Informations and abstract
Keywords: juvenile delinquency - childhood - fascism - early XXth C. Italy.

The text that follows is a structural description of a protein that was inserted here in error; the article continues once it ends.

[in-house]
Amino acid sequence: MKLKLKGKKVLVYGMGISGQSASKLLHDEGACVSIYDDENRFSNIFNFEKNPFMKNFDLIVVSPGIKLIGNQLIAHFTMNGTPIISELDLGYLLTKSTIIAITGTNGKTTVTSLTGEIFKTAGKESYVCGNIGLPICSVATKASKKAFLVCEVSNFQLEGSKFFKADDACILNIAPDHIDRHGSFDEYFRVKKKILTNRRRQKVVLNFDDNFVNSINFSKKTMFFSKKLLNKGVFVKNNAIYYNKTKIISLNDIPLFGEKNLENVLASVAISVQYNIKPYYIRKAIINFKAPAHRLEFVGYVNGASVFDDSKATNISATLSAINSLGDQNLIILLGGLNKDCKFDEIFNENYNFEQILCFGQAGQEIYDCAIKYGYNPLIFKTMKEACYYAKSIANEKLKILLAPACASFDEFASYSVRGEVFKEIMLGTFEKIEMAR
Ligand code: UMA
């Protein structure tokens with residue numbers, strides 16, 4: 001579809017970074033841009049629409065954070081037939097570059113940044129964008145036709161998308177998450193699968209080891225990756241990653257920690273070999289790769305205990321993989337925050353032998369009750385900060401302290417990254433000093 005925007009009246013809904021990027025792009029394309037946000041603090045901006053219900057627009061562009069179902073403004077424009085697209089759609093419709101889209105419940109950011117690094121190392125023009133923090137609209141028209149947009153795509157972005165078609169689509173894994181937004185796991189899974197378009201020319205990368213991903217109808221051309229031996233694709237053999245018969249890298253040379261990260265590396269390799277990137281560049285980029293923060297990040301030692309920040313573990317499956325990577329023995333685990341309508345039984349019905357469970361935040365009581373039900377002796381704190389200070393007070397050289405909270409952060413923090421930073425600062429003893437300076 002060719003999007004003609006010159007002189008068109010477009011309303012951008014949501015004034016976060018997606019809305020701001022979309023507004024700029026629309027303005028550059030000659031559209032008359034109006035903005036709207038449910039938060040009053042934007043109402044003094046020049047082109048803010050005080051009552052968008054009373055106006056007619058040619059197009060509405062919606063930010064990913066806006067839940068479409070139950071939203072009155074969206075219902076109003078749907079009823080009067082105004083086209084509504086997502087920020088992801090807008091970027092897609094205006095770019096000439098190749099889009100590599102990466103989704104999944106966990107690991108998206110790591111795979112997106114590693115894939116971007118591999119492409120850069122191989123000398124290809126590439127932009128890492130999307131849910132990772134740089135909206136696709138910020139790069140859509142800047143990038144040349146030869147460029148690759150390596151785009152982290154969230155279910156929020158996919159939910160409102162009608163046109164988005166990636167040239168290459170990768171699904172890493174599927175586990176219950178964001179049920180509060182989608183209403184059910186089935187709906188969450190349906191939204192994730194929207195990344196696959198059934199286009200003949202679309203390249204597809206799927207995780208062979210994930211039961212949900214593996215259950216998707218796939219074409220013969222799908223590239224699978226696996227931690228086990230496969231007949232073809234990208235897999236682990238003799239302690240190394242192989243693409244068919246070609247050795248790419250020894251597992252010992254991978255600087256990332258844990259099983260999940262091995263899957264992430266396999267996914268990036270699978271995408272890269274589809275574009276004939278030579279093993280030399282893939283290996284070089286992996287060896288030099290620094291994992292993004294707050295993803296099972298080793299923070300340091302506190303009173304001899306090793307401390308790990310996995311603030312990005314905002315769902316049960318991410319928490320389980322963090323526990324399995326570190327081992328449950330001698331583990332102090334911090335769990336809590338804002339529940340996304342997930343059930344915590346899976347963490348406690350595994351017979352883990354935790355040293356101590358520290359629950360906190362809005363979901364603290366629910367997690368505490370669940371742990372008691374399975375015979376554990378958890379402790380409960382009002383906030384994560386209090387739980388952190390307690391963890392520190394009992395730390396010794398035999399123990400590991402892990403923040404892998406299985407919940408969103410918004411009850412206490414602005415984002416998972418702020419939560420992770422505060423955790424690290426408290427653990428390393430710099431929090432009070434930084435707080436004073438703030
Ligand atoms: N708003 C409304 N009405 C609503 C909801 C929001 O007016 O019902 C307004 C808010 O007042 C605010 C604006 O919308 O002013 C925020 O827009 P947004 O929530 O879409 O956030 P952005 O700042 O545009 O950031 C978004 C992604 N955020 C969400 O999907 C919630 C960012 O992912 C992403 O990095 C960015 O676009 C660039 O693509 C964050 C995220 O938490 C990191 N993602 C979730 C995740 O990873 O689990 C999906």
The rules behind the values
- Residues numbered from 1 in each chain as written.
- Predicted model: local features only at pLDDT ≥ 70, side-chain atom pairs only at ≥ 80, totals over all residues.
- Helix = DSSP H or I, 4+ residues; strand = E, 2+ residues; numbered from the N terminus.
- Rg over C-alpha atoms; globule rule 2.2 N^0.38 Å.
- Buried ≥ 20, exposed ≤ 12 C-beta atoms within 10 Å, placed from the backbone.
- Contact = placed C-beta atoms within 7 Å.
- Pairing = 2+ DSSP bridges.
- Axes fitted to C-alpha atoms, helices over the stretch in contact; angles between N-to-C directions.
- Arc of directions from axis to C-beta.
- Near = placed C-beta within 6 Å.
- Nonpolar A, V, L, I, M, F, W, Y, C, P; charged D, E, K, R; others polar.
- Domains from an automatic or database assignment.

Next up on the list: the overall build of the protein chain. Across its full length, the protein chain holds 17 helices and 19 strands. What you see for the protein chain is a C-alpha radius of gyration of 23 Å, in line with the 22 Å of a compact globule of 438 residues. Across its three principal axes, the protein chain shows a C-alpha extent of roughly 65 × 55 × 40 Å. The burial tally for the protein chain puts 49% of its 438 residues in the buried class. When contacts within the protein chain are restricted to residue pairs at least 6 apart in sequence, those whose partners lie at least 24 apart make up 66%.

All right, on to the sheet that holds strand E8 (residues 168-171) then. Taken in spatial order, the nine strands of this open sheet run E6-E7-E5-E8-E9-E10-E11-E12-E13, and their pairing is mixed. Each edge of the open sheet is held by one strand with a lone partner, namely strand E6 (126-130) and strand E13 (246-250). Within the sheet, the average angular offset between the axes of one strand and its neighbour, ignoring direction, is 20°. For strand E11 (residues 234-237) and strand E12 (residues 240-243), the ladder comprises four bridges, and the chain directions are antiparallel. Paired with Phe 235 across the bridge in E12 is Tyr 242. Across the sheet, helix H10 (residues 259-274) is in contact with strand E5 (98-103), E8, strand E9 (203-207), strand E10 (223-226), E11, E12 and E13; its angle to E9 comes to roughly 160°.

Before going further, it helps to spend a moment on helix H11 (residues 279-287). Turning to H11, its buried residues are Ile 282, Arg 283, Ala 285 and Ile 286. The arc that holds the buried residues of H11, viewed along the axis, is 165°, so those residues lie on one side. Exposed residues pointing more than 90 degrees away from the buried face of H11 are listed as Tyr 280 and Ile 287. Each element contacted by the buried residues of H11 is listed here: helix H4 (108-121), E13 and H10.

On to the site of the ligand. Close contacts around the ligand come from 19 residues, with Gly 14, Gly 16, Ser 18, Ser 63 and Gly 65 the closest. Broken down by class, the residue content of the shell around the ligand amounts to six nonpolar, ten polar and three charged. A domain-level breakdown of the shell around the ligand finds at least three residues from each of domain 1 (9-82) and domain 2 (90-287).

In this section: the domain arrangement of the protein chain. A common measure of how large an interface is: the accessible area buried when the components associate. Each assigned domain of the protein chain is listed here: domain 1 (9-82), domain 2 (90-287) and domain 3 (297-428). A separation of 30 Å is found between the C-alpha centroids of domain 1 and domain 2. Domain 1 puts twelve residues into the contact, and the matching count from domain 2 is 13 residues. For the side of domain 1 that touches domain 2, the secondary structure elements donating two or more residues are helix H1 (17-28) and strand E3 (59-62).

A vast literature on the history of childhood in Europe and North America has documented a debate about and legislation on children during the late 19th and early 20th centuries. A similar peaking of interest took place in Italy. Starting from the 1934 law, which established the juvenile court in Italy, this article argues that programs (some realized and others not) to discipline and above all to protect children dated not from the fascist era but further back at the turn of the twentieth century. The author offers an overview of initiatives to improve the lives of children in liberal Italy (associated with prime minister Giolitti); it is claimed that in those years protecting children was a priority precisely for the sake of reducing juvenile delinquency. She uses a wide variety of sources (jurisprudence, government commission reports, journals of voluntary associations, and medical, legal, and criminological tracts) to highlight inter-relationships among the campaigns of voluntary and feminist associations, professional societies, and the State. The article tries to fill a gap in the historiography of contemporary Italy and engages in more general debates about the nature of liberal and fascist Italy by locating the "modernization" of childhood in the earlier era.